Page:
All Blacks fly-half Beauden Barrett talks family, fortune and the future in this exclusive interview with Tom English
Beauden Barrett vows to take his game to another level
Before we get to the serious business of the All Blacks, and the hunt for another World Cup, Beauden Barrett – the planet’s pre-eminent rugby player – is talking about home. In his mind’s eye he’s back in the days of innocence, just a kid kicking about the rivers and farmlands between Pungarehu and Rahotu, half an hour south of New Plymouth in New Zealand’s north island.
“Growing up in the country, we were faced with a lot of things,” Barrett says. “Well, not faced exactly. We chose to do a lot of things. A lot of silly things. A lot of things that we absolutely loved doing. Things that if they happened today health and safety might have us in deep trouble over.
“Climbing up trees that are I don’t know how many storeys high. Driving motorbikes on the farm and going up these huge hills with the constant fear of falling off and really hurting yourself. Floating down stormy rivers in big rapids on a blown-up tractor tyre with my brothers and the fear of being flicked over onto a rock and going underwater.
“That’s blackwater rafting we’re talking about. We live near the mountains in Taranaki and when it rains heavily up in those mountains, then big, big angry rivers are formed and we saw that as an opportunity to get out there and float.”
Talking to Barrett, you get the impression sometimes that he’d rather chat about those carefree days of his youth than the sustained brilliance of his adulthood with the Hurricanes, the All Blacks, the back-to-back World Rugby Player of the Year titles in 2016 and 2017 – Barrett and Richie McCaw are the only men in history to have retained the crown.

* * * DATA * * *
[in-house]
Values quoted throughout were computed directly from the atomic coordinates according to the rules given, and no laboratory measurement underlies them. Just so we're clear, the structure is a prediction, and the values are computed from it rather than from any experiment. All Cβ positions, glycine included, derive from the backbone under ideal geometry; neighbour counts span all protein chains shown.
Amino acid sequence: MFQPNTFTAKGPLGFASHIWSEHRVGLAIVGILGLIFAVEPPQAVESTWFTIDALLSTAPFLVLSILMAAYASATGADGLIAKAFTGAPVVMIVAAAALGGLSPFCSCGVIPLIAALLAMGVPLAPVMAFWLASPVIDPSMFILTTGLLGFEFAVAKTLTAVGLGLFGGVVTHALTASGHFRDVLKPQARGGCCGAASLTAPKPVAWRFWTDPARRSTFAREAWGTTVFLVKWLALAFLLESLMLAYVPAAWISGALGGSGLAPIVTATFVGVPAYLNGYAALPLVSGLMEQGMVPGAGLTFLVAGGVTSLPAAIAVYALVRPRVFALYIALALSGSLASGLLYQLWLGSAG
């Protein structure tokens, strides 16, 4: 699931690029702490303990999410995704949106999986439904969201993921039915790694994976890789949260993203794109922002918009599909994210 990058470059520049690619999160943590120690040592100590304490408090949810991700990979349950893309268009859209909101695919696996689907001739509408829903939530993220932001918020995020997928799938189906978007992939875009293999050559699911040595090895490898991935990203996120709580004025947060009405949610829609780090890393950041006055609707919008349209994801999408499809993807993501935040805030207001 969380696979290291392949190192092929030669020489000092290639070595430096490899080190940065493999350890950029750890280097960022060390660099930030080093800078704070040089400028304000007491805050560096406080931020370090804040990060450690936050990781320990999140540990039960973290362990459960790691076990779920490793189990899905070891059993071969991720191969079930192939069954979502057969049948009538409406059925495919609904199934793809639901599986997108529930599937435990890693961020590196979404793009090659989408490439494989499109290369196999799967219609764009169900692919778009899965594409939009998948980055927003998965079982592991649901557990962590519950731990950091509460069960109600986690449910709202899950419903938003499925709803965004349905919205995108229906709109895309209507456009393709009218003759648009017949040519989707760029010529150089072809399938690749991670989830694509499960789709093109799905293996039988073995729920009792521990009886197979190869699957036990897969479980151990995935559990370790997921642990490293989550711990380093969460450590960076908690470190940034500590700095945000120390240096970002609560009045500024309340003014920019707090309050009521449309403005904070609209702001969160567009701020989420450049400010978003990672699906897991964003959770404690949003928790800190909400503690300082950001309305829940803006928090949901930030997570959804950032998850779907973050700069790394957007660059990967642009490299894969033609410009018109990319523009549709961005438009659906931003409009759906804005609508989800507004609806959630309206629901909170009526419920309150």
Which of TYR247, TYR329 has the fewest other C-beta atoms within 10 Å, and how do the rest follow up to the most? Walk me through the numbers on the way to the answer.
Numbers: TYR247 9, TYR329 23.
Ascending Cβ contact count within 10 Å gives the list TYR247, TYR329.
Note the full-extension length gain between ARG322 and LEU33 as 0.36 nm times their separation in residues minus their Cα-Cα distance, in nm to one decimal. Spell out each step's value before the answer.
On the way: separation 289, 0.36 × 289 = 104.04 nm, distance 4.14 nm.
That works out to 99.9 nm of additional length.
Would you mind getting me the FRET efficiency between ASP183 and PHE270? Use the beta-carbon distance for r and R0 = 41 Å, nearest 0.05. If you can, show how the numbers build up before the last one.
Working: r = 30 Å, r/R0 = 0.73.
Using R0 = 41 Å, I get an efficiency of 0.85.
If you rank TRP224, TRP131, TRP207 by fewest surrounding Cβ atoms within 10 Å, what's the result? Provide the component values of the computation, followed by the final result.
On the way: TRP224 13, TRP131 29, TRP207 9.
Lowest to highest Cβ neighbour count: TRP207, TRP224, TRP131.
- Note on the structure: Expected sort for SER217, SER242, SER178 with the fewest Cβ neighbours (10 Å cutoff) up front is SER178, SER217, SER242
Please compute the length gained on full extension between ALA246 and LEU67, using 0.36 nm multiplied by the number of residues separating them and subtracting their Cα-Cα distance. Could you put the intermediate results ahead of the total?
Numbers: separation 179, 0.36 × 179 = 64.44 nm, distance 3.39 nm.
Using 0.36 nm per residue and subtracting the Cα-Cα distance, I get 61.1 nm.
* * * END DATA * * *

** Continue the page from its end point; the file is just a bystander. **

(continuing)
He appreciates everything he has. In his gentle way of speaking, time and again he’ll say how fortunate he is to be where he is, how lucky he was to have the start in life that he had with his four brothers and his three sisters and his mum and his dad and his rural upbringing. The secret to Barrett? He always brings you back to his formative years. The perfect childhood? If such a thing exists, then he had it.
“My earliest memories are playing for Rahotu junior club when I was six years old and we’d play at nine in the morning and it would still be frosty and freezing cold,” he says. “Playing in those icy conditions made me love it even more. Playing in bare feet and if there was mud then all the better because you could slide around and really enjoy yourself. The grubbier the better.
“One of the things I miss is being able to kick a spiral in bare feet in a match. It was always easier to kick them in bare feet than it is in boots. It’s changed in the last four or five years but we used to play in bare feet up until the age of about ten, for whatever reason, and it was awesome because you felt really quick. We didn’t need, or want, fancy boots in those days.
“I was playing with my older brother Kane and Dad (the legend that is Kevin, otherwise known as Smiley) was our coach. As a kid, all I wanted to do was play for Taranaki because Dad played for Taranaki and I grew up watching so many of his games. It was such a big moment for the province every time Taranaki played. The thrill of going to see him run out is clear as day, even though I was only a child.
“Dad was a very physical, uncompromising player with a huge, huge work ethic. A lock and a grafter. He played more than 160 games for Taranaki. Often he would come off the field with stitches in his face and cut eyes, blood all over him.